I would like to ask you about detailed information on instruction decoding the way processor does it. I know all about several fields of an instruction and how they interact with each other. However, I would like to know how the processor does the job by itself (I'm sure it must be an efficent algorithm somehow depend on certain bits of the instruction). For example: Its easy to get the prefix and the opcode itself, but its not as clear with the ModR/M byte. In your manual we can read that opcode defines the existance of ModR/M byte. I know that similar behavior is about ModR/M and SIB (if we have MRM we can calculate whether SIB exists or not). Thats the point of my question - is there a way to guess if there is a ModR/M byte following the opcode without using pre-defined table of opcodes that uses it or not? Same think about displacement and immediate - I know when those fields are used but how can it be done most efficently? (as the decoding unit does it itself, I guess) Please provide me with this information along with detailed description of algorithm used by the decoding unit (if possible). Thank you.
I've done something like that several years ago: x86 Decoder. I literally took a piece of squared paper, and in a 16x16 matrix representing each opcode I colored each square for opcodes that require a specific decoding. This revealed patterns that make it relatively easy to use binary logic to determine the decoding format of each instruction.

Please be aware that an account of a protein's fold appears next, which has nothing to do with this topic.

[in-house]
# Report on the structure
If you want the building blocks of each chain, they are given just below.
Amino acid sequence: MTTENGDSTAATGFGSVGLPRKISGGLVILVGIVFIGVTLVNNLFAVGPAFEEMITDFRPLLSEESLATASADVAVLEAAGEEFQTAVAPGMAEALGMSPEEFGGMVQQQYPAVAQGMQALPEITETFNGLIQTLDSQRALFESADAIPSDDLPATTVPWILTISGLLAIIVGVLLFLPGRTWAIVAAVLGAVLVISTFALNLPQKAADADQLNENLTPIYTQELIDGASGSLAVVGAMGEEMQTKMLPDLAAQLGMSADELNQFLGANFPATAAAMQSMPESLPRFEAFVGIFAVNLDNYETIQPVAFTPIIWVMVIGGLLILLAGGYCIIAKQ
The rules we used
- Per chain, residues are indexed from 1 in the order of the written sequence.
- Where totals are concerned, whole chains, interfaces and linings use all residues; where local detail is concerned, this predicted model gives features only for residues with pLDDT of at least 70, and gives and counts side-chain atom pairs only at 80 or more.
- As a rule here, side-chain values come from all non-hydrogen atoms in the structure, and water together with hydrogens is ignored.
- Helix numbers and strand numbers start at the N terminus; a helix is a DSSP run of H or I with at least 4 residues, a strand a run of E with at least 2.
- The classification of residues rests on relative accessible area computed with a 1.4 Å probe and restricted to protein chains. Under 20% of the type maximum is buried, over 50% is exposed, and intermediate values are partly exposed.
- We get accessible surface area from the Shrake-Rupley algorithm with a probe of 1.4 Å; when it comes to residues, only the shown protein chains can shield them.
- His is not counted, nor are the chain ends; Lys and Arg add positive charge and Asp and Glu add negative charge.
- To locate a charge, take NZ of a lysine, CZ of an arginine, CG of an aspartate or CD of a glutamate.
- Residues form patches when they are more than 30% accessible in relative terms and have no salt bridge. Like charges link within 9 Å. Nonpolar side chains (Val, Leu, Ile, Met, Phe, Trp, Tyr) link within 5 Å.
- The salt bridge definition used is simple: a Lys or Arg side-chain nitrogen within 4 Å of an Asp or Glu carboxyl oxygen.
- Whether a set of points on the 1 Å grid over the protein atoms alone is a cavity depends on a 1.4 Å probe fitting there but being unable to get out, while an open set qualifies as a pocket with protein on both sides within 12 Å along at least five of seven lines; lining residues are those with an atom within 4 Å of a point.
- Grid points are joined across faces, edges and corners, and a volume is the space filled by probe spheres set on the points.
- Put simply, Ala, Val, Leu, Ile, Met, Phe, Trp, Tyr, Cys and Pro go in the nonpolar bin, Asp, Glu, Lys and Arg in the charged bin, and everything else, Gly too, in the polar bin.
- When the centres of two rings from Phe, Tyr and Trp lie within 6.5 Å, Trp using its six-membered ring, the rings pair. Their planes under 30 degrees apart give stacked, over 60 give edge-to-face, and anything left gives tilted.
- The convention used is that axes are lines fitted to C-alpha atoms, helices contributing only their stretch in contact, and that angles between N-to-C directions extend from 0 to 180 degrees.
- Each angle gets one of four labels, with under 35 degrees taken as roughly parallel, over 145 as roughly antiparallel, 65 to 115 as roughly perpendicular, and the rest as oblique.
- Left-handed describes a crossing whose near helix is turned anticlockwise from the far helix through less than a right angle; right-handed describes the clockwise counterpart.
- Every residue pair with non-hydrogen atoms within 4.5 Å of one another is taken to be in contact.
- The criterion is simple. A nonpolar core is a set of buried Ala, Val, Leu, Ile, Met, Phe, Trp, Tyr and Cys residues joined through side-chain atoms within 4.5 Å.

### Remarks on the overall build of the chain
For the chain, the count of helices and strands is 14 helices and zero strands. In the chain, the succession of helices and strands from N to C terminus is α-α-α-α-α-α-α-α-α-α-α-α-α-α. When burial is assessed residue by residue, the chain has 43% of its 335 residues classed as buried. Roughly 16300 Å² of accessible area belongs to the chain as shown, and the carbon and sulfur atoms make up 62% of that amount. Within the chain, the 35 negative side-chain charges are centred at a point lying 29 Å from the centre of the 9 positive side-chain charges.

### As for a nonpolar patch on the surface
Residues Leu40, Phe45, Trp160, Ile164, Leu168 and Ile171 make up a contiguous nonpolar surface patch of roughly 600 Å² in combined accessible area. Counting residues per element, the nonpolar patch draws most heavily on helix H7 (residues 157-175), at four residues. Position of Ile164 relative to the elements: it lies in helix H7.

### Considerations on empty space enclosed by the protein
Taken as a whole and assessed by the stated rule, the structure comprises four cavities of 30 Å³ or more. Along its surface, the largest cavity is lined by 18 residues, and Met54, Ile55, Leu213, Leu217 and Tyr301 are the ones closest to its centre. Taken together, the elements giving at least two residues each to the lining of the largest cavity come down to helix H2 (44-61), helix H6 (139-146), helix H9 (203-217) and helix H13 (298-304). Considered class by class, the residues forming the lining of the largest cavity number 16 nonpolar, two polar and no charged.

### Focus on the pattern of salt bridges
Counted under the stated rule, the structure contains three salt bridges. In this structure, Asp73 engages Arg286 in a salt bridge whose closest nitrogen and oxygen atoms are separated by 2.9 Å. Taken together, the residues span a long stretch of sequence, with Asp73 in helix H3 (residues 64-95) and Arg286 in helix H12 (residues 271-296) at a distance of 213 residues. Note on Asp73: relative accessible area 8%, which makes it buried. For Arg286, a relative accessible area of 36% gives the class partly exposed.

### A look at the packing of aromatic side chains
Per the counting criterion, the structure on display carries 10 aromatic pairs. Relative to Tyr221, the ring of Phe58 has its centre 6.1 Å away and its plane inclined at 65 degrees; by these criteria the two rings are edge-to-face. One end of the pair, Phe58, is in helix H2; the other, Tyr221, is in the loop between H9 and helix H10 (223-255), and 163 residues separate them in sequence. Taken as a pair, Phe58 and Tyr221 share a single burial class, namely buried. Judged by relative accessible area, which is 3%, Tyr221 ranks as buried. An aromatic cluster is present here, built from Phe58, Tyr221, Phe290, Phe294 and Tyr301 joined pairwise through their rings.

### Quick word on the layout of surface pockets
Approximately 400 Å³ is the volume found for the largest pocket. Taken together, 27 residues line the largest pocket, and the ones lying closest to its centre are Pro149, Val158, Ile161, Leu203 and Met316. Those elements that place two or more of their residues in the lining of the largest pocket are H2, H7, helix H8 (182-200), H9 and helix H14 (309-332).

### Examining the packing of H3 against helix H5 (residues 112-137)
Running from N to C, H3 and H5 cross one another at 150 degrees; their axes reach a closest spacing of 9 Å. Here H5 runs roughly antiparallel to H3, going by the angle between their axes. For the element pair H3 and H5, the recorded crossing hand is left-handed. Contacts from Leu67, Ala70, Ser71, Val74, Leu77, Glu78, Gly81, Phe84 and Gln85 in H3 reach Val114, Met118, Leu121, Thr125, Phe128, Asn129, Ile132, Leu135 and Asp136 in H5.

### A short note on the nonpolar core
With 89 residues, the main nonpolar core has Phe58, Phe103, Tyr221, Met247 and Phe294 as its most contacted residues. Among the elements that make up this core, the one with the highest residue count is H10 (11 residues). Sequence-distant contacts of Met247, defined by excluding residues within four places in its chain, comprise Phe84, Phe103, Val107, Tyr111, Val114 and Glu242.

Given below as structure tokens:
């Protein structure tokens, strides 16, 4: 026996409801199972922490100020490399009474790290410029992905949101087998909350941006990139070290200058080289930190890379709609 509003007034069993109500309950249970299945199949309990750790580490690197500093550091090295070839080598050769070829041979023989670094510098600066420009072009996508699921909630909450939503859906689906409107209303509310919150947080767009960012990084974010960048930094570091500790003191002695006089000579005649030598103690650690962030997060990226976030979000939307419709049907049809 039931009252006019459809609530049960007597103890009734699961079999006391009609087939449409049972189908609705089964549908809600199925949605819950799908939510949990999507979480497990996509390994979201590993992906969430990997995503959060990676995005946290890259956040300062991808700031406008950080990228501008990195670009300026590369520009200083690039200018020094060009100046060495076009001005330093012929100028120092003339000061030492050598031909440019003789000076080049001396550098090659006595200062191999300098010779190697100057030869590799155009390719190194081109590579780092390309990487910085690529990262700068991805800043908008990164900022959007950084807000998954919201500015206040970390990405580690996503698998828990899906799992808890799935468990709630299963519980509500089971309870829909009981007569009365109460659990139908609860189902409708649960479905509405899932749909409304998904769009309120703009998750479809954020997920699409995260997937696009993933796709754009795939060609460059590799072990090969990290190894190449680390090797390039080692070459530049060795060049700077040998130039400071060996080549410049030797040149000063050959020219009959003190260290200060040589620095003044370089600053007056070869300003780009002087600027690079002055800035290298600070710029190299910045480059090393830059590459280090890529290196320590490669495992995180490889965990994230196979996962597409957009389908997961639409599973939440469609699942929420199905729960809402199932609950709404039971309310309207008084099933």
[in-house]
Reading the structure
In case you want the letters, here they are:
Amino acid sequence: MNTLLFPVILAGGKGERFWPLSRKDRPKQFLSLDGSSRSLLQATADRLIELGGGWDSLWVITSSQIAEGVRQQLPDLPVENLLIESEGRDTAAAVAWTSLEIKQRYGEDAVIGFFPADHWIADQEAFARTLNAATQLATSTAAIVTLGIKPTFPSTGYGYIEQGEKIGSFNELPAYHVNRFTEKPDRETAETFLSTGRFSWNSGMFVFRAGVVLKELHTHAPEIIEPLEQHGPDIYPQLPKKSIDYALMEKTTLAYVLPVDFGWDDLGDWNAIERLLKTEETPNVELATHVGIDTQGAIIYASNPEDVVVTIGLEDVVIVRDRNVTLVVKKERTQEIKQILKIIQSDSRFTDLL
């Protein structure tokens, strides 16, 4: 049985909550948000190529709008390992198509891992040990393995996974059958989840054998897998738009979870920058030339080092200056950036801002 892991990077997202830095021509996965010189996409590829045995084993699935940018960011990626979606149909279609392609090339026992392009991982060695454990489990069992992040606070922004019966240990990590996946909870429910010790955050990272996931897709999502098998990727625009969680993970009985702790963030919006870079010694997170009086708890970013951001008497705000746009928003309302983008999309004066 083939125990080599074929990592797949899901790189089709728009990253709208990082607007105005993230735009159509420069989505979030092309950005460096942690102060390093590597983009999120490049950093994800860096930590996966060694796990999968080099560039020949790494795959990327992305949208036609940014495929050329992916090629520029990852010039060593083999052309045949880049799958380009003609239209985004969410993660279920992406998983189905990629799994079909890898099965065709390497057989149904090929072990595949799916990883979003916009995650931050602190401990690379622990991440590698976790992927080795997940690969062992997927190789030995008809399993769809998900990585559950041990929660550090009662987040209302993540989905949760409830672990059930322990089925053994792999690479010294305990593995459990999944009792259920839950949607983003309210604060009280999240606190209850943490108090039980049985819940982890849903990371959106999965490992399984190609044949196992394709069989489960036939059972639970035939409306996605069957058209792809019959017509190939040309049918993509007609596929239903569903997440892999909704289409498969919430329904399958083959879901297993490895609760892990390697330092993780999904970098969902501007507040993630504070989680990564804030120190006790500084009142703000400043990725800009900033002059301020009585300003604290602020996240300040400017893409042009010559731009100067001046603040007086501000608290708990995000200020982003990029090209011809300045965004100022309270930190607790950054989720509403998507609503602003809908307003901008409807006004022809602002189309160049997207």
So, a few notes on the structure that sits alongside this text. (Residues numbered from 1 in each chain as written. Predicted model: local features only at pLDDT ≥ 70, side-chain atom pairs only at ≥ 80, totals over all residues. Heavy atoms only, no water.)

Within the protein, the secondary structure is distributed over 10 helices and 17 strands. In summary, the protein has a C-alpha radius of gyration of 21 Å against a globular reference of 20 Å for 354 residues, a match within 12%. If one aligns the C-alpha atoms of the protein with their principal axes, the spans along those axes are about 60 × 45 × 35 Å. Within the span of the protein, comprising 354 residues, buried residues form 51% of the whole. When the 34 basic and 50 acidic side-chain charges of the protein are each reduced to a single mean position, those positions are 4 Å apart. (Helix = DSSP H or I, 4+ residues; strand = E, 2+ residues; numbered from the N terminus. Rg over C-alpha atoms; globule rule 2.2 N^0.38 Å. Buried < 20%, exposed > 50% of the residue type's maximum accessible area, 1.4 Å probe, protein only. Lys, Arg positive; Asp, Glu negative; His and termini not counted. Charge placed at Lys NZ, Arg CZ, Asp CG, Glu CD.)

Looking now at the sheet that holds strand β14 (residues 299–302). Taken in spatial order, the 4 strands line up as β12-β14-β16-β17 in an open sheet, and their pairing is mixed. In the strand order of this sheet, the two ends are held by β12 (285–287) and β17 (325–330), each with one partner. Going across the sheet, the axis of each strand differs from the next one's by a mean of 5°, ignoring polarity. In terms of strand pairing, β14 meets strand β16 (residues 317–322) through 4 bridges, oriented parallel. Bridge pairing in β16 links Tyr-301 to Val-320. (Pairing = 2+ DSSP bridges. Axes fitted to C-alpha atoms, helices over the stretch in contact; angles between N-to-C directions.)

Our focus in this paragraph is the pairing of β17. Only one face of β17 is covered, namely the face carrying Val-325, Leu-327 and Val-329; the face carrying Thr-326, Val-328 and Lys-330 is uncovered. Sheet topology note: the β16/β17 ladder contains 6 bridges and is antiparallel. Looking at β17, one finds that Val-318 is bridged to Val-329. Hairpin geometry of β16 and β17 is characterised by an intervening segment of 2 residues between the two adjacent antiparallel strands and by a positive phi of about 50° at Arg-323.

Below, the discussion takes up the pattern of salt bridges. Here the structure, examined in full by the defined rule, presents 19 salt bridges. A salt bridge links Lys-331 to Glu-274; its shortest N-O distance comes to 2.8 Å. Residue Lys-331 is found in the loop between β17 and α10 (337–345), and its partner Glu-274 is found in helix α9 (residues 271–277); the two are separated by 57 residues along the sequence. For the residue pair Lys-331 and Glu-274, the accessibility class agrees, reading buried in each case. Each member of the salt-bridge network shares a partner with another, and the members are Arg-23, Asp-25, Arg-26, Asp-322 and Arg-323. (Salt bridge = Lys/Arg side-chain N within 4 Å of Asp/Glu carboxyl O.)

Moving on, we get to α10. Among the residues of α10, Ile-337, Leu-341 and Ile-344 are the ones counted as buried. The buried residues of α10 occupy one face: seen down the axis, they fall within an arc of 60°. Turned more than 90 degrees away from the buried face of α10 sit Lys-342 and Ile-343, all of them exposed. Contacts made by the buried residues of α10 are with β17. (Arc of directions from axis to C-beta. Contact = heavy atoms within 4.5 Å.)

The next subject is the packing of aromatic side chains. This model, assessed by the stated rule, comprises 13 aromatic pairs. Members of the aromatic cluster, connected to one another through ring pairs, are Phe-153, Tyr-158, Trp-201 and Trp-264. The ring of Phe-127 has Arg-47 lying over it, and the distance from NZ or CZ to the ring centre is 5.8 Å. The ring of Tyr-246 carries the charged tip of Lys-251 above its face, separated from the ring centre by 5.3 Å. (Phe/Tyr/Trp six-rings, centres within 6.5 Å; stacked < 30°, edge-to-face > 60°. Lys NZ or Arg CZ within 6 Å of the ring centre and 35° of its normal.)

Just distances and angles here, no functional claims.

I believe my code is smaller than using tables, but not entirely optimal yet. Also, when translated to hardware each of the tests really just looks at a few bits so it could be quite compact.
Here's a document that reveals some details: An Asynchronous Instruction Length Decoder. There's also tons of information in patents if you really want to get to the bottom of it...
But since you mentioned working on a disassembler you might also be interested in this: Efficient Software Decoder Design.